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A contract to retrofit the lighting in Bibb County schools drew some fire from one board member Thursday night.

The school board approved the contract with Wipro EcoEnergy, a firm that evaluated energy usage in each of the schools, and promised to cut that usage significantly over time.

Wipro plans to make the district's HVAC and information technology systems more energy efficient, but the major part of the work will beretrofitting and optimizing the lighting.

The district will have to pay $6,104,746 for the entire project, including $3,935,836 to install the efficient lights and other improvements, $748,707 in interest, and $1,420,203 to be paid to the firm over 10 years.

Grant Capital Management will finance the project. Van Eaton, Vice President of Grant Capital Management, said the project will be budget neutral.

According to Sridhar Marupudi, Wirpo's director of energy and sustainability, each year after the improvements, the district will be paying about $800,000 less in utilities-- $8,364,719 over 9 years. He says the cost of the project would beevened outby those savings, and over time the district would realize more than $2 million in net savings.

"I thought it was a golden opportunity," said board member Tom Hudson. "In light of the cuts from the state of Georgia, and the federal government, we're gonna have to make sure we're creative in finding ways to save money."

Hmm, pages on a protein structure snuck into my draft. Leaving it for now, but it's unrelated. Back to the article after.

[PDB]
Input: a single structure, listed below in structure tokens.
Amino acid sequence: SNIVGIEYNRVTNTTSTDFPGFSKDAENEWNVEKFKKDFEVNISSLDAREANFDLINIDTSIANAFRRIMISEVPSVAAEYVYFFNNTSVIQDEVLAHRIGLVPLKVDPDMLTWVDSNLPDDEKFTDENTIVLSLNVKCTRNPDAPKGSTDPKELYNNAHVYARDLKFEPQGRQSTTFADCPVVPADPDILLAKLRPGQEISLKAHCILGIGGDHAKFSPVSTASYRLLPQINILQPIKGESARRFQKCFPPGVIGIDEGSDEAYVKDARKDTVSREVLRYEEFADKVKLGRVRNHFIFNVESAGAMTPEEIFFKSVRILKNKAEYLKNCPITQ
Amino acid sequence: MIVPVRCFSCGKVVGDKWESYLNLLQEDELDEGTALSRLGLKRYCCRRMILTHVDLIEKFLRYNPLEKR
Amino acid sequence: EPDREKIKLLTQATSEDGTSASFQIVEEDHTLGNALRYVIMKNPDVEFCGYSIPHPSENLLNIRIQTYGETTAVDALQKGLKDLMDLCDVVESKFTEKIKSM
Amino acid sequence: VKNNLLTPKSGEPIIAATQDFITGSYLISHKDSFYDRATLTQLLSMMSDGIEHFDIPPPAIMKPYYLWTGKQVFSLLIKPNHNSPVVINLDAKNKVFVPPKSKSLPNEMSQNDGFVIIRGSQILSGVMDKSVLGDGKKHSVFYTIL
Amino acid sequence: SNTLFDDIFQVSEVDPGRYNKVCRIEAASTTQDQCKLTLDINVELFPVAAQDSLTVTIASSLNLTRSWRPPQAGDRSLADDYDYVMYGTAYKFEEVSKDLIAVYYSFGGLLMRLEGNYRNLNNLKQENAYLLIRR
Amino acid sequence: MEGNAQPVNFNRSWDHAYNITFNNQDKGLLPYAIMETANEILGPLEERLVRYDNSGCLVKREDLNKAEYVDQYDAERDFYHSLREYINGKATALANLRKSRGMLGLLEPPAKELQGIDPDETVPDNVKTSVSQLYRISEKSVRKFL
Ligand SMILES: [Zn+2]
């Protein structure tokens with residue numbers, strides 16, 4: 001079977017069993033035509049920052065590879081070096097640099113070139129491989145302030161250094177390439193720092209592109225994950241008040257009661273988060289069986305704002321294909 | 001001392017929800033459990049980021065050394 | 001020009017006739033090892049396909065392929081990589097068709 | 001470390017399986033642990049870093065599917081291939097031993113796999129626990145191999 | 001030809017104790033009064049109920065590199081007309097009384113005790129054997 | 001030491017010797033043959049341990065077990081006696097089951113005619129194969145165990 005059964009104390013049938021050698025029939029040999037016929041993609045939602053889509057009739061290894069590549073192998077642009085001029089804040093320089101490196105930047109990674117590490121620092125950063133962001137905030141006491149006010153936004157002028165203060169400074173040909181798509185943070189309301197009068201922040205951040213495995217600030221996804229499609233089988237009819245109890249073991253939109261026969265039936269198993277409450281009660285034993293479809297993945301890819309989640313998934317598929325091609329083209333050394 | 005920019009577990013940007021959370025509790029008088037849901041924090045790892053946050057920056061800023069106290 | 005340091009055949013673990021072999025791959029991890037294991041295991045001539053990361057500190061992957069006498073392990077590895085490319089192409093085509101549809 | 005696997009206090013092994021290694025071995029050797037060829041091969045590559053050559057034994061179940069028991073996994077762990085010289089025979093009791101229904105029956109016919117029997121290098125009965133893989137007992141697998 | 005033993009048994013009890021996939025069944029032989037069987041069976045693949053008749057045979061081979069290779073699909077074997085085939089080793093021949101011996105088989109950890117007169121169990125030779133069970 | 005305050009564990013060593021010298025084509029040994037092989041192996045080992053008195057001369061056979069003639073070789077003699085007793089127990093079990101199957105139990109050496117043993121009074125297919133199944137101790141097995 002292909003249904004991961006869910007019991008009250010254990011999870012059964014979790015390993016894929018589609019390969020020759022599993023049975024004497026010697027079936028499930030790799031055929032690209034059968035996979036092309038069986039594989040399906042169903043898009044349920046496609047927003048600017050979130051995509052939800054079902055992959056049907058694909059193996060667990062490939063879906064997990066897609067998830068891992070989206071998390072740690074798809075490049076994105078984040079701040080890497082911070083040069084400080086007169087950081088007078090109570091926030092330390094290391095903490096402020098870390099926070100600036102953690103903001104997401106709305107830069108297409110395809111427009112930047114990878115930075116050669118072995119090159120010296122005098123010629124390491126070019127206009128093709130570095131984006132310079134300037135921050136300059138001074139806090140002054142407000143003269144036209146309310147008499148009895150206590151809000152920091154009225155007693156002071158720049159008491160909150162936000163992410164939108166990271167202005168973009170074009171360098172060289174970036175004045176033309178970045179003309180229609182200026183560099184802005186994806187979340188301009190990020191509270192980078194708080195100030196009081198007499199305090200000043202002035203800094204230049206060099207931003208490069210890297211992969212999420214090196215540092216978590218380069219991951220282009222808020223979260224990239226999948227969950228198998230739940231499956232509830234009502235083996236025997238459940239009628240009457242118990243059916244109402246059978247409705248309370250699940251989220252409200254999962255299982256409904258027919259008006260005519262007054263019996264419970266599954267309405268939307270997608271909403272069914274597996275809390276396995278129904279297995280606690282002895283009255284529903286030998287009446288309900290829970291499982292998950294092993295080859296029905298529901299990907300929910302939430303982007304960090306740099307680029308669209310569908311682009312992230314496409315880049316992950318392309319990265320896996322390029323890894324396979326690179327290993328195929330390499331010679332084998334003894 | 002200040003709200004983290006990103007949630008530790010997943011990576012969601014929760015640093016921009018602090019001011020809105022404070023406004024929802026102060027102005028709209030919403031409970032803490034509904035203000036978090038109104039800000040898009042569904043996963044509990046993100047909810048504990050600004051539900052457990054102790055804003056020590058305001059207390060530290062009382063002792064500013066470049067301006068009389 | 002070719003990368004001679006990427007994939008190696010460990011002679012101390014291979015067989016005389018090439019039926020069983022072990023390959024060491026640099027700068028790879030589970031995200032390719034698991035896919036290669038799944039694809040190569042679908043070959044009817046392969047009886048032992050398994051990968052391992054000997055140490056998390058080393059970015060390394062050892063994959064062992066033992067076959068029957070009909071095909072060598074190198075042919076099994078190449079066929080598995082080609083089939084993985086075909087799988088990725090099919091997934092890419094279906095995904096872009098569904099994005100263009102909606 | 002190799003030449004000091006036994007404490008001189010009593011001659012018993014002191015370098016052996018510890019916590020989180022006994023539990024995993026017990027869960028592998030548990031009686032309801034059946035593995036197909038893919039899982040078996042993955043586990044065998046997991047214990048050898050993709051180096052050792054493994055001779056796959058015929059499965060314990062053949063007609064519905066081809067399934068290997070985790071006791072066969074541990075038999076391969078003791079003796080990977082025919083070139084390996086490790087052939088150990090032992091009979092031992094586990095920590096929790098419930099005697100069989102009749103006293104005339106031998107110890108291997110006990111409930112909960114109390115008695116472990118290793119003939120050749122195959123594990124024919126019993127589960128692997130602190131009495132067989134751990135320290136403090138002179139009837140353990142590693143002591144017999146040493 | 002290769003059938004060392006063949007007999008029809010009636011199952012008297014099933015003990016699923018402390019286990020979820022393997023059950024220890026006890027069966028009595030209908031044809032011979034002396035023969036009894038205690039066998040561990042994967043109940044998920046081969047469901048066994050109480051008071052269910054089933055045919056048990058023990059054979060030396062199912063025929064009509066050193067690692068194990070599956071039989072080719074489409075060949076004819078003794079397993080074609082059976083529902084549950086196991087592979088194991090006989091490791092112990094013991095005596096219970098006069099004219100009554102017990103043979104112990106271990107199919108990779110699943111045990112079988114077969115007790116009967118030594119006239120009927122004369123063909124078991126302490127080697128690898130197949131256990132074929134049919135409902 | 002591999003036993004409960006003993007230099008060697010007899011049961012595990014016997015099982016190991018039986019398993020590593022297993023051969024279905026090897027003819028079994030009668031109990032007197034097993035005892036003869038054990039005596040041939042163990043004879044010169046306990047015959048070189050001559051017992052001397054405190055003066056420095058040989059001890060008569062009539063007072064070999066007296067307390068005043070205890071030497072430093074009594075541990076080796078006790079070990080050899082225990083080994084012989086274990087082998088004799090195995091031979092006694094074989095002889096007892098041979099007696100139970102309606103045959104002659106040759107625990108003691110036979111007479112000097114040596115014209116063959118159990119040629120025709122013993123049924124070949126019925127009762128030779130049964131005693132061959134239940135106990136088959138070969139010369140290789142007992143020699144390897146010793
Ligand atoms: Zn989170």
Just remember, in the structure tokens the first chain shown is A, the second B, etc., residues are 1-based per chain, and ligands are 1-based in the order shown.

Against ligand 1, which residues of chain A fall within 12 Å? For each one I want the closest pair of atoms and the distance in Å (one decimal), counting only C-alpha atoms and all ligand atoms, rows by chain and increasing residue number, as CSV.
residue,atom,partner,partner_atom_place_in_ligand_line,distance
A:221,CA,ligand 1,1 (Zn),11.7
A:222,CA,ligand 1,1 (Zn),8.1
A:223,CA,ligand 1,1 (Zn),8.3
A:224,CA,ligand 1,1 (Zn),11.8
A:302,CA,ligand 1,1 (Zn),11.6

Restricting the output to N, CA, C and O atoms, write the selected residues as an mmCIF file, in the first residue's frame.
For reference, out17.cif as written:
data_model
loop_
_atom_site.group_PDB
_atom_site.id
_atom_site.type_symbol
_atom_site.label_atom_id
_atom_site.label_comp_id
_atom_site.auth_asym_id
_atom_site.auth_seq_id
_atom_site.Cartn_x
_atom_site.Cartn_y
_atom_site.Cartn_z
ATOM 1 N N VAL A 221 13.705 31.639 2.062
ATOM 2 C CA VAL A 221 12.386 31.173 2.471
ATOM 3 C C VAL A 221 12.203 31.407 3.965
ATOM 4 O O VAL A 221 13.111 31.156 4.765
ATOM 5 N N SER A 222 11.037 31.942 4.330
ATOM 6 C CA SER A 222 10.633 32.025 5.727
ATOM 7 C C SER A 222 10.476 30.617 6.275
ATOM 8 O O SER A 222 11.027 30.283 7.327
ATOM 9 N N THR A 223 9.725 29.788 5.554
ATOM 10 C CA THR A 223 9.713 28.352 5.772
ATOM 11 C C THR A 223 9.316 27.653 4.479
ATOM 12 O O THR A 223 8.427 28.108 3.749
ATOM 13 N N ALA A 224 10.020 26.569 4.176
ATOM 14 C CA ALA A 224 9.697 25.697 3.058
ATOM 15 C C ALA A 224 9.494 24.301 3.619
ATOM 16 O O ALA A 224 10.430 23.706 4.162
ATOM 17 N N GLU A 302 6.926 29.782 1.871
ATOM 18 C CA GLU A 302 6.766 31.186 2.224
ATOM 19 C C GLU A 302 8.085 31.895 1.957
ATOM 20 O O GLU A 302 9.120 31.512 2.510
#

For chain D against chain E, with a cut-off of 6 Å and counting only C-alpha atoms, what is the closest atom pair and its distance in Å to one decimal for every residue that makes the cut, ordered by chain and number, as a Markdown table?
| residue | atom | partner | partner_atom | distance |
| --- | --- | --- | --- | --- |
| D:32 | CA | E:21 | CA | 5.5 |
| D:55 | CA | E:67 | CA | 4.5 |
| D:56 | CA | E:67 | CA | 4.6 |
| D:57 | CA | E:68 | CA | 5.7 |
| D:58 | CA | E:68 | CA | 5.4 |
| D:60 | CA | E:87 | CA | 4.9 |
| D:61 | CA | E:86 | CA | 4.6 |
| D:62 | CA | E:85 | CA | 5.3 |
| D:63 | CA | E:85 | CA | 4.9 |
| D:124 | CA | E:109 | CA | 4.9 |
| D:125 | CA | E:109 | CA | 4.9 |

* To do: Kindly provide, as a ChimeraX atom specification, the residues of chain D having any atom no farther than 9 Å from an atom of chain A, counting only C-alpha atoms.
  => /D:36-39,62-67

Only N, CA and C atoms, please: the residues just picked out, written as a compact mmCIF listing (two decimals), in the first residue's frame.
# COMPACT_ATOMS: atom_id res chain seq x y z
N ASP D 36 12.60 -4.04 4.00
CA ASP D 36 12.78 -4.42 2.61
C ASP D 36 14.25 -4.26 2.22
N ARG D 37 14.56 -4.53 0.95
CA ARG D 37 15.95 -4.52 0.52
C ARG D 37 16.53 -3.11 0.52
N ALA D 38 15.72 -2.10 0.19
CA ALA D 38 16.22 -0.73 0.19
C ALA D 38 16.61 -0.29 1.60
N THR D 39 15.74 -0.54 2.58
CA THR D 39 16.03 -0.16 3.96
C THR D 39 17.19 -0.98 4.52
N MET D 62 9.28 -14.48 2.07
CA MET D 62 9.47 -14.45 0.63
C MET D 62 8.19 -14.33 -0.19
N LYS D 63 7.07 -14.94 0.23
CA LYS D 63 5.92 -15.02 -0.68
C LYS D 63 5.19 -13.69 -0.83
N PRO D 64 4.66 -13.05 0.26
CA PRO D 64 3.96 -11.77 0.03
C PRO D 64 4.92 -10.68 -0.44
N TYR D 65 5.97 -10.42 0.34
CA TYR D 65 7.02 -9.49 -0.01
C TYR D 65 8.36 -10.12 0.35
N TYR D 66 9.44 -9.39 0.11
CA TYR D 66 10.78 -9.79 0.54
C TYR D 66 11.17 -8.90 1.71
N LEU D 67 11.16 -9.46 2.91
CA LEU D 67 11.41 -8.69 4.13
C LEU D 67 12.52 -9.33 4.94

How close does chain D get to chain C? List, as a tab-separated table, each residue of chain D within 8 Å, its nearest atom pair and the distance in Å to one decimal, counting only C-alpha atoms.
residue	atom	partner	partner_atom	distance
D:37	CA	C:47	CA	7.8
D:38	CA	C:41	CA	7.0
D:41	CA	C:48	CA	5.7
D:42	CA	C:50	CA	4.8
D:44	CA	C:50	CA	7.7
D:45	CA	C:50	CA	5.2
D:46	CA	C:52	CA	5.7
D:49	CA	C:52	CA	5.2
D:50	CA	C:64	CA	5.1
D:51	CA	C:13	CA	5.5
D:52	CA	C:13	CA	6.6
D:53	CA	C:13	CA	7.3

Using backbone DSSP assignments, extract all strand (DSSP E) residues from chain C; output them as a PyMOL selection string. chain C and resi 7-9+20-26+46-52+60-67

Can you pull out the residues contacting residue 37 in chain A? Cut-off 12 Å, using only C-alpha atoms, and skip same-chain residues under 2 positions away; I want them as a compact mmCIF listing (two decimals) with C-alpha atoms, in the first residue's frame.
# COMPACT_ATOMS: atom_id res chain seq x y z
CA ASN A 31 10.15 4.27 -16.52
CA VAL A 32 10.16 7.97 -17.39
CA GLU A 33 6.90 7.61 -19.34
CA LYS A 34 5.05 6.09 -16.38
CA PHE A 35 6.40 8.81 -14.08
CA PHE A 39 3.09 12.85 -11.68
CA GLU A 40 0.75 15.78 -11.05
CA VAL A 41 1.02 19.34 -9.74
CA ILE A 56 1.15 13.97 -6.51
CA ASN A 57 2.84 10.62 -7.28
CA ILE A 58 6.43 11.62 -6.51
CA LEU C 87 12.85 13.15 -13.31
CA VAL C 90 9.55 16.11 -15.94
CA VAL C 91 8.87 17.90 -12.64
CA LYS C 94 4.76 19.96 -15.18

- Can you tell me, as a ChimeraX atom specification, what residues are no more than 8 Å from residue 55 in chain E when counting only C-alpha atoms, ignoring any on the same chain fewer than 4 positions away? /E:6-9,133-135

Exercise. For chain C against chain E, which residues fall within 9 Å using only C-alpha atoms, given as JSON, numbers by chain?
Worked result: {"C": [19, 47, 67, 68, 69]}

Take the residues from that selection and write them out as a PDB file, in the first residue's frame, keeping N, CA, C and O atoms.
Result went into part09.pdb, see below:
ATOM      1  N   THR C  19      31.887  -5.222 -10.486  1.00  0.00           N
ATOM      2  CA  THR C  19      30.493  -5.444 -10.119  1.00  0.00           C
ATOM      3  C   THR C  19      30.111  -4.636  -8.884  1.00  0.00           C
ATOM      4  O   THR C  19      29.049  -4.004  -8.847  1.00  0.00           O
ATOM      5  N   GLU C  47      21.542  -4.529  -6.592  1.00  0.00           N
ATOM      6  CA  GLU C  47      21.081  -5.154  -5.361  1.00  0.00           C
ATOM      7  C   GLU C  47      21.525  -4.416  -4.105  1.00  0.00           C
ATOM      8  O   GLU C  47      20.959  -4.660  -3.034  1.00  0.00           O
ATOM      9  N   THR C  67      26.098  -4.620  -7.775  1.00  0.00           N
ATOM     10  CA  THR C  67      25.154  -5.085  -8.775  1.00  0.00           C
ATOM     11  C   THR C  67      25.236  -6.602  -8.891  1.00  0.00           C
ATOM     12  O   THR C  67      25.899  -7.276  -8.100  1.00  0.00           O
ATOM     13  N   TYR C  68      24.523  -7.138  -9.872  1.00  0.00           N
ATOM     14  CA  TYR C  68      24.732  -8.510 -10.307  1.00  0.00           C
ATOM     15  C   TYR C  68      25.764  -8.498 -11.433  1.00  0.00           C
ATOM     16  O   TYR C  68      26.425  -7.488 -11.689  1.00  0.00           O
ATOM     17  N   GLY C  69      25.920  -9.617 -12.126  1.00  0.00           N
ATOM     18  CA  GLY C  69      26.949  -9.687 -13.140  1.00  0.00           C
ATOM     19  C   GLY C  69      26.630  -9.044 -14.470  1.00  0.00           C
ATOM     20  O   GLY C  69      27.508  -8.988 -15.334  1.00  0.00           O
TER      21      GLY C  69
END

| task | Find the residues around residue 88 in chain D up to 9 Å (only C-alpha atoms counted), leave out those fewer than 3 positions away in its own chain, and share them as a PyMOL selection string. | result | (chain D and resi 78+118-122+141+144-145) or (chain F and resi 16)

Hudson was one of 4 votes to approve the contract. Dr. Wanda West, Susan Sipe, and Lynn Farmer were absent. Gary Bechtel was the sole dissenting vote.

"The financing piece of this has a lot of questions," said Bechtel. "I don't think it's in the best interest of the district to do this particular project."

Bechtel fired questions at the Wipro representatives and the District's lawyers. He raised concerns about the legality of choosing Wipro, a company that is not one of the energy providers approved by the Georgia Energy Finance Authority. Beyond that, Bechtel says the actual project is unnecessary.

"We have a SPLOST fund that should be used for capital improvements, if they're necessary," said Bechtel. "I honestly do not think these are necessary. I think we're going out on a limb and doing induction lighting in areas we do not need to do induction lighting, all for the sole purpose of improved cash flow for some of the foolishness that is in this strategic plan."

In a press release in September, the district said it planned to use the energy savings to pay for some technology improvements.

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